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2015 Ontology Summit: Internet of Things: Toward Smart Networked Systems and Societies

January 14th, 2015, by Tim Finin, posted in Agents, AI, Big data, Ontologies, Semantic Web, Web

The Internet of Things (IoT) is the interconnection of uniquely identifiable embedded computing devices within the existing Internet infrastructure.

The theme of the 2015 Ontology Summit is Internet of Things: Toward Smart Networked Systems and Societies. The Ontology Summit is an annual series of events (first started by Ontolog and NIST in 2006) that involve the ontology community and communities related to each year’s theme.

The 2015 Summit will hold a virtual discourse over the next three months via mailing lists and online panel sessions augmented conference calls. The Summit will culminate in a two-day face-to-face workshop on 13-14 April 2015 in Arlington, VA. The Summit’s goal is to explore how ontologies can play a significant role in the realization of smart networked systems and societies in the Internet of Things.

The Summit’s initial launch session will take place from 12:30pm to 2:00pm EDT on Thursday, January 15th and will include overview presentations from each of the four technical tracks. See the 2015 Ontology Summit for more information, the schedule and details on how to participate in these free an open events.

PhD defense: Varish Mulwad — Inferring the Semantics of Tables

December 29th, 2014, by Tim Finin, posted in KR, Machine Learning, NLP, Ontologies, Semantic Web

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Dissertation Defense

TABEL — A Domain Independent and Extensible Framework
for Inferring the Semantics of Tables

Varish Vyankatesh Mulwad

8:00am Thursday, 8 January 2015, ITE325b

Tables are an integral part of documents, reports and Web pages in many scientific and technical domains, compactly encoding important information that can be difficult to express in text. Table-like structures outside documents, such as spreadsheets, CSV files, log files and databases, are widely used to represent and share information. However, tables remain beyond the scope of regular text processing systems which often treat them like free text.

This dissertation presents TABEL — a domain independent and extensible framework to infer the semantics of tables and represent them as RDF Linked Data. TABEL captures the intended meaning of a table by mapping header cells to classes, data cell values to existing entities and pair of columns to relations from an given ontology and knowledge base. The core of the framework consists of a module that represents a table as a graphical model to jointly infer the semantics of headers, data cells and relation between headers. We also introduce a novel Semantic Message Passing scheme, which incorporates semantics into message passing, to perform joint inference over the probabilistic graphical model. We also develop and explore a “human-in-the-loop” paradigm, presenting plausible models of user interaction with our framework and its impact on the quality of inferred semantics.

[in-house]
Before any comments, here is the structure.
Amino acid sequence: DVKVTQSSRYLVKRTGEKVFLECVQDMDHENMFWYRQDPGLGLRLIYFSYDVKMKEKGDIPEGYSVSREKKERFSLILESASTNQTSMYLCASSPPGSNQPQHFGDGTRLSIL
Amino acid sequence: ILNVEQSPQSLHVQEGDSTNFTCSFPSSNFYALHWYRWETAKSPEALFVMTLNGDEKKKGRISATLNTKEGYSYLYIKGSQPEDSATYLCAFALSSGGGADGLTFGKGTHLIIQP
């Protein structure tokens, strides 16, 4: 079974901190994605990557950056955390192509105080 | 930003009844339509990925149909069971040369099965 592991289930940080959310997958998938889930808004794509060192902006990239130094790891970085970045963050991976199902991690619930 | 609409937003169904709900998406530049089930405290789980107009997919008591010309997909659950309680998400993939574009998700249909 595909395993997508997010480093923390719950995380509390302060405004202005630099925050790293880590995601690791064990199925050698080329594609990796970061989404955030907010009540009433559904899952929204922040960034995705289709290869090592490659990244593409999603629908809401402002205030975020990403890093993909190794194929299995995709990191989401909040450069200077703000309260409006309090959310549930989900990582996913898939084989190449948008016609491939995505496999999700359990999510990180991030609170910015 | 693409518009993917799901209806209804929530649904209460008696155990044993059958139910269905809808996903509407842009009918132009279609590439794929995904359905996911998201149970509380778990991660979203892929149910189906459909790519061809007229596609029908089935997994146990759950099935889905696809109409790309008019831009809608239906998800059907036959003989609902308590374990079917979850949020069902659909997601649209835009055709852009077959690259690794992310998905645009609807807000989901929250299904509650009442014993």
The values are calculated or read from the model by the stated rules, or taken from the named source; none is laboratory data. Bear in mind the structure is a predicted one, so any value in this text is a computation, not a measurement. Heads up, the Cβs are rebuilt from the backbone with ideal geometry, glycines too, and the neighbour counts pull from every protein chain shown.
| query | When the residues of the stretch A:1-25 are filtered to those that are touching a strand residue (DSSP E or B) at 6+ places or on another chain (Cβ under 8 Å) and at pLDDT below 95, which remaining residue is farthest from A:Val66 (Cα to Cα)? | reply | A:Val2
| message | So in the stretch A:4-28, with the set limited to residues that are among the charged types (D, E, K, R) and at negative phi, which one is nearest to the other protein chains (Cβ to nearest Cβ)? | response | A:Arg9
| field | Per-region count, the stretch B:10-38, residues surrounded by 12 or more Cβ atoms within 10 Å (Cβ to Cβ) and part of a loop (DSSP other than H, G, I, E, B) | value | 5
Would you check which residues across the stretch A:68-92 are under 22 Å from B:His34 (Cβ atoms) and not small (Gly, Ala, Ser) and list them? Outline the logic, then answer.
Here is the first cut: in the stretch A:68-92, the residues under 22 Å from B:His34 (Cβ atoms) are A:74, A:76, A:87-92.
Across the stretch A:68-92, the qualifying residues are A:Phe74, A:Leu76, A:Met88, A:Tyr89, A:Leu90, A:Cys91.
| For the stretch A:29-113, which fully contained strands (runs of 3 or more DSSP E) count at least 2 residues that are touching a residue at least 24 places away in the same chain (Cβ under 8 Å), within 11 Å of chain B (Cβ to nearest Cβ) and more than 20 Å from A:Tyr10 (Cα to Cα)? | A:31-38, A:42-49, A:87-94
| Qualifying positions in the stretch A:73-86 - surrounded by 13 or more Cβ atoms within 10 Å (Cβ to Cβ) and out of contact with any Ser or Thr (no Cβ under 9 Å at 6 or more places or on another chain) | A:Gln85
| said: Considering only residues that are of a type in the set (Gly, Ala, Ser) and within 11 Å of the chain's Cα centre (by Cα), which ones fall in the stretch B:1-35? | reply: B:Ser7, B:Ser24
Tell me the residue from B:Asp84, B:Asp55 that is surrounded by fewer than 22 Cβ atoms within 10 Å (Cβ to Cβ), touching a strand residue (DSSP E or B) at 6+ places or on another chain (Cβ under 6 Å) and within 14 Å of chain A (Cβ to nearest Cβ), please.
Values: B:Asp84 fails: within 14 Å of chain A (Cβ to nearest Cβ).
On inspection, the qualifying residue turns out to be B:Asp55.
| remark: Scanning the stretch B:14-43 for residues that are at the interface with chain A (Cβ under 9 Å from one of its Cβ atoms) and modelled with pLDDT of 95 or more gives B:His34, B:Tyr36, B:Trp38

We present techniques that are both extensible and domain agnostic. Our framework supports the addition of preprocessing modules without affecting existing ones, making TABEL extensible. It also allows background knowledge bases to be adapted and changed based on the domains of the tables, thus making it domain independent. We demonstrate the extensibility and domain independence of our techniques by developing an application of TABEL in the healthcare domain. We develop a proof of concept for an application to generate meta-analysis reports automatically, which is built on top of the semantics inferred from tables found in medical literature.

A thorough evaluation with experiments over dataset of tables from the Web and medical research reports presents promising results.

Committee: Drs. Tim Finin (chair), Tim Oates, Anupam Joshi, Yun Peng, Indrajit Bhattacharya (IBM Research) and L. V. Subramaniam (IBM Research)

Preprint: Interpreting Medical Tables as Linked Data to Generate Meta-Analysis Reports

July 17th, 2014, by Tim Finin, posted in Ontologies, RDF, Semantic Web

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Varish Mulwad, Tim Finin and Anupam Joshi, Interpreting Medical Tables as Linked Data to Generate Meta-Analysis Reports, 15th IEEE Int. Conf. on Information Reuse and Integration, Aug 2014.

Evidence-based medicine is the application of current medical evidence to patient care and typically uses quantitative data from research studies. It is increasingly driven by data on the efficacy of drug dosages and the correlations between various medical factors that are assembled and integrated through meta–analyses (i.e., systematic reviews) of data in tables from publications and clinical trial studies. We describe a important component of a system to automatically produce evidence reports that performs two key functions: (i) understanding the meaning of data in medical tables and (ii) identifying and retrieving relevant tables given a input query. We present modifications to our existing framework for inferring the semantics of tables and an ontology developed to model and represent medical tables in RDF. Representing medical tables as RDF makes it easier for the automatic extraction, integration and reuse of data from multiple studies, which is essential for generating meta–analyses reports. We show how relevant tables can be identified by querying over their RDF representations and describe two evaluation experiments: one on mapping medical tables to linked data and another on identifying tables relevant to a retrieval query.

:BaseKB offered as a better Freebase version

July 15th, 2014, by Tim Finin, posted in Big data, KR, Ontologies, RDF, Semantic Web

:BaseKB

In The trouble with DBpedia, Paul Houle talks about the problems he sees in DBpedia, Freebase and Wikidata and offers up :BaseKB as a better “generic database” that models concepts that are in people’s shared consciousness.

:BaseKB is a purified version of Freebase which is compatible with industry-standard RDF tools. By removing hundreds of millions of duplicate, invalid, or unnecessary facts, :BaseKB users speed up their development cycles dramatically when compared to the source Freebase dumps.

:BaseKB is available for commercial and academic use under a CC-BY license. Weekly versions (:BaseKB Now) can be downloaded from Amazon S3 on a “requester-paid basis”, estimated at $3.00US per download. There are also BaseKB Gold releases which are periodic :BaseKB Now snapshots. These can be downloaded free via Bittorrent or purchased as a Blu Ray disc.

It looks like it’s worth checking out!

Tracking Provenance and Reproducibility of Big Data Experiments